Marine Stewardship Council
The Marine Stewardship Council (MSC) is an international program that was established in 1997 to certify wild,caught seafood as sustainably managed. When a fishery is certified according to MSC standards, the seafood products can bear the MSC‚ blue and white seal.
While the MSC has been a step toward promoting better consciousness about seafood, some of the fisheries it approves as sustainable are actually associated with some significant environmental problems, making their certification questionable. Controversial fisheries include Alaska pollock, South Georgia toothfish (aka sea bass), and New Zealand hoki. Concerns about Alaskan pollock and New Zealand hoki include effects on endangered and at, risk species, such as sea lions and seals. South Georgia toothfish was certified despite the fact that there is a high rate of illegal fishing and trade of Chilean sea bass, and questions exist as to whether suppliers can have confidence that the fish they are getting was caught legally.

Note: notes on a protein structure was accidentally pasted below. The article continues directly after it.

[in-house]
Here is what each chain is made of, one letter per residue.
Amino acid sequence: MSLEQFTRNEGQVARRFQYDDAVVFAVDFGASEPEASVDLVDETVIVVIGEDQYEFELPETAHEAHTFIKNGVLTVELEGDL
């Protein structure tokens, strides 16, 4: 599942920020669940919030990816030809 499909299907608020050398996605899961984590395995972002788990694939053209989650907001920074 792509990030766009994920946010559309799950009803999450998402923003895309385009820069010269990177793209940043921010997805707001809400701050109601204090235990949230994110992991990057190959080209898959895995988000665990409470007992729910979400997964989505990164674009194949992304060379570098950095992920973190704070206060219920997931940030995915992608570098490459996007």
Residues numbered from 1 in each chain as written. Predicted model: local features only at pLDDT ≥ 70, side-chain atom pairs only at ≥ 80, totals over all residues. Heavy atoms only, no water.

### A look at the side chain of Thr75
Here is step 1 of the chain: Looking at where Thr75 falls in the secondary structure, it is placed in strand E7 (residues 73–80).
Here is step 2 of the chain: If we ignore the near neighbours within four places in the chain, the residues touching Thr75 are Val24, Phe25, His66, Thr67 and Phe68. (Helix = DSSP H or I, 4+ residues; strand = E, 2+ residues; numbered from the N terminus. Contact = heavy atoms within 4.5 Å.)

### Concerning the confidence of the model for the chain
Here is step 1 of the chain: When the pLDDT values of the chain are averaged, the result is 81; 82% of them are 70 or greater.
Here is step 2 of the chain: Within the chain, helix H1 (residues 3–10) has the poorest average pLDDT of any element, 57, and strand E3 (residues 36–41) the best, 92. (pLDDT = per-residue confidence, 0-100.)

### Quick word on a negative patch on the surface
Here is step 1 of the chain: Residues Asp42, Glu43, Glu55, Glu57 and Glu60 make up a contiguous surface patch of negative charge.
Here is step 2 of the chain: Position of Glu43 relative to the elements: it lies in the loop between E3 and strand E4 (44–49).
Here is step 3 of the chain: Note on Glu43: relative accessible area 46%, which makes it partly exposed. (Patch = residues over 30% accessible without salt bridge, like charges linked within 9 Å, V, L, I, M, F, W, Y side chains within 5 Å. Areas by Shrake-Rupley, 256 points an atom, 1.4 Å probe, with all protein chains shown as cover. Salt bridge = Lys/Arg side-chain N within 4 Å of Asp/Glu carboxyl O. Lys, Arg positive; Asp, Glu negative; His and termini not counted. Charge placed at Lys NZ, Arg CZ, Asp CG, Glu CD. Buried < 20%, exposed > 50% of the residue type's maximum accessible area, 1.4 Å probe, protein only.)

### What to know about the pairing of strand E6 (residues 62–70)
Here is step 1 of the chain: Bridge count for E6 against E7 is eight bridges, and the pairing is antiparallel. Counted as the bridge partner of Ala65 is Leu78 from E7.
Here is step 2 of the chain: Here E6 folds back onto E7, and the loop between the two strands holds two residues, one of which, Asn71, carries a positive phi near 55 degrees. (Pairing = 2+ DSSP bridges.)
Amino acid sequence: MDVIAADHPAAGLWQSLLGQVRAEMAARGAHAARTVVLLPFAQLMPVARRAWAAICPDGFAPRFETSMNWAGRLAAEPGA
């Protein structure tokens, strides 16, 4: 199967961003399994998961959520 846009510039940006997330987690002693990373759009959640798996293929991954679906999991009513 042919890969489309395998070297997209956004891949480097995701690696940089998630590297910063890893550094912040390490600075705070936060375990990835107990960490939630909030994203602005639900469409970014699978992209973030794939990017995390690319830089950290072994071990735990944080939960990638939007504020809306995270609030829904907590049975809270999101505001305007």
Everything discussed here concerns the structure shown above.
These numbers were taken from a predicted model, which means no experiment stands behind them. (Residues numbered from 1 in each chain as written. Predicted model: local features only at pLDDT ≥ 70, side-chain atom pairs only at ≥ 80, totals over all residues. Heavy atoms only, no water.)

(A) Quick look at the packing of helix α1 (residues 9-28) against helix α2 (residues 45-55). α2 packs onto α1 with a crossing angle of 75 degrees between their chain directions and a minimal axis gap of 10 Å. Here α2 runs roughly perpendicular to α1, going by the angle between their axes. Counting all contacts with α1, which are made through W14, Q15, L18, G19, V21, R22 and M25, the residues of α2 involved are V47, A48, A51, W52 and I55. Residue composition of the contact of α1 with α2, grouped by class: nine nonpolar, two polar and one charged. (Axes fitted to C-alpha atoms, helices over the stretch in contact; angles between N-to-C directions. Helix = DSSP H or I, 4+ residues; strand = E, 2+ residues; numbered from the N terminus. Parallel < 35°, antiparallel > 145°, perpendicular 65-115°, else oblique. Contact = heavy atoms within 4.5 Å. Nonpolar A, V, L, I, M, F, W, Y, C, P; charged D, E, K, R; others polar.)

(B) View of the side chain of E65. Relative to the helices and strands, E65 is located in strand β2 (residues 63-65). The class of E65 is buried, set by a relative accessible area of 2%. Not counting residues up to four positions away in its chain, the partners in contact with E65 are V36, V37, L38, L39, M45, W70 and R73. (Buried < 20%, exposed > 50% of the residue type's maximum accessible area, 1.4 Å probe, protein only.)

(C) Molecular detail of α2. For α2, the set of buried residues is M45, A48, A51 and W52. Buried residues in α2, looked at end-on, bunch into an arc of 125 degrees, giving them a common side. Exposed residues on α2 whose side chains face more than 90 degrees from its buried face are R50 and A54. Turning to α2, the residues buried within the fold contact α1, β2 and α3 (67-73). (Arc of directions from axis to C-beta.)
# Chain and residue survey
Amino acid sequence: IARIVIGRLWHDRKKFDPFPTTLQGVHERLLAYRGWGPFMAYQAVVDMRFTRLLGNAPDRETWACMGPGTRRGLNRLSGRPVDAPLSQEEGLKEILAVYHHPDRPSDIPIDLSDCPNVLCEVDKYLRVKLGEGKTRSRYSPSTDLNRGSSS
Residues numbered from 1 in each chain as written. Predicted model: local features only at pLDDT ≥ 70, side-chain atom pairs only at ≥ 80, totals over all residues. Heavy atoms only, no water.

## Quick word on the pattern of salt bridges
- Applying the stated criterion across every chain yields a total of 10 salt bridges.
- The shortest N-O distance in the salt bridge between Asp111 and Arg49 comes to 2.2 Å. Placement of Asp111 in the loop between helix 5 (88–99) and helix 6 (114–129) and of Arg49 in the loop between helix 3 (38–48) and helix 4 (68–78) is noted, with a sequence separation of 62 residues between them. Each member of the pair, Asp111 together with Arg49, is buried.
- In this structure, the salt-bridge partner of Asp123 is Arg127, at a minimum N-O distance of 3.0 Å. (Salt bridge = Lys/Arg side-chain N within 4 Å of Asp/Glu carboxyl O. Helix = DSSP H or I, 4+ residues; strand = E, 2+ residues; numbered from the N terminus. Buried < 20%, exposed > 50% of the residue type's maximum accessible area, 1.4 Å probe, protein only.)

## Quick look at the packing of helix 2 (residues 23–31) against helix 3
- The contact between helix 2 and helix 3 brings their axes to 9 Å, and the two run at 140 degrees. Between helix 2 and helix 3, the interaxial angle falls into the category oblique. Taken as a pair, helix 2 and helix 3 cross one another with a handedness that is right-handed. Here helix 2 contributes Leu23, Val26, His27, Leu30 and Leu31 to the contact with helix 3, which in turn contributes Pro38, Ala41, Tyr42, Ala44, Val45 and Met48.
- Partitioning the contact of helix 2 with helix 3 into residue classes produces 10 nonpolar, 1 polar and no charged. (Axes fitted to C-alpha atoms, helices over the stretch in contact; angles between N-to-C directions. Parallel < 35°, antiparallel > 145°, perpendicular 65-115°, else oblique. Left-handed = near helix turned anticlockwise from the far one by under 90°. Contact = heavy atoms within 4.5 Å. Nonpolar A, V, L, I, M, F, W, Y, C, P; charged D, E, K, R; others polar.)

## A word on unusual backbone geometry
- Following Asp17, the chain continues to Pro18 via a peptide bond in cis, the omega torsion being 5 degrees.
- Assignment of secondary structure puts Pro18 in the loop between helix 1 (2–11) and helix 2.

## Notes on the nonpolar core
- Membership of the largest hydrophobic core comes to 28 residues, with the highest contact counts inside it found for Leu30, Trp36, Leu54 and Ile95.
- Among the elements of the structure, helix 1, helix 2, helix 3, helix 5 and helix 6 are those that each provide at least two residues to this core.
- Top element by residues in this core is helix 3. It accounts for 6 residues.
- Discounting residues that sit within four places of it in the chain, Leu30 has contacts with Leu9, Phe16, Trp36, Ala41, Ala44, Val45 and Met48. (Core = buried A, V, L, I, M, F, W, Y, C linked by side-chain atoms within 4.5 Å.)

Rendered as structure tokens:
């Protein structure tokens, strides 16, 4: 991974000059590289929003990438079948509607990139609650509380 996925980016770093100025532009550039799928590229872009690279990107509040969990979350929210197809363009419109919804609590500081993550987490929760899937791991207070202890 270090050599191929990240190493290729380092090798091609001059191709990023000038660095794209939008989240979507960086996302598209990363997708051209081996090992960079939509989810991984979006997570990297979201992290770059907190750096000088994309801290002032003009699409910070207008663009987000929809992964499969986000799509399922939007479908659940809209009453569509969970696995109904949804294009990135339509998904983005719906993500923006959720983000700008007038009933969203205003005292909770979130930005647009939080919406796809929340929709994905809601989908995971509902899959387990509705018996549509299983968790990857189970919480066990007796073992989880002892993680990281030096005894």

Currently, there is no one size fits all short,cut for consumers to find sustainable seafood just by looking for a logo on the label. The best approach is to become educated about what types of seafood, in which locations are truly well managed, and which are more problematic. It is worth the extra step to know that you are really getting the product that you pay for.
Learn more: check out our fact sheet!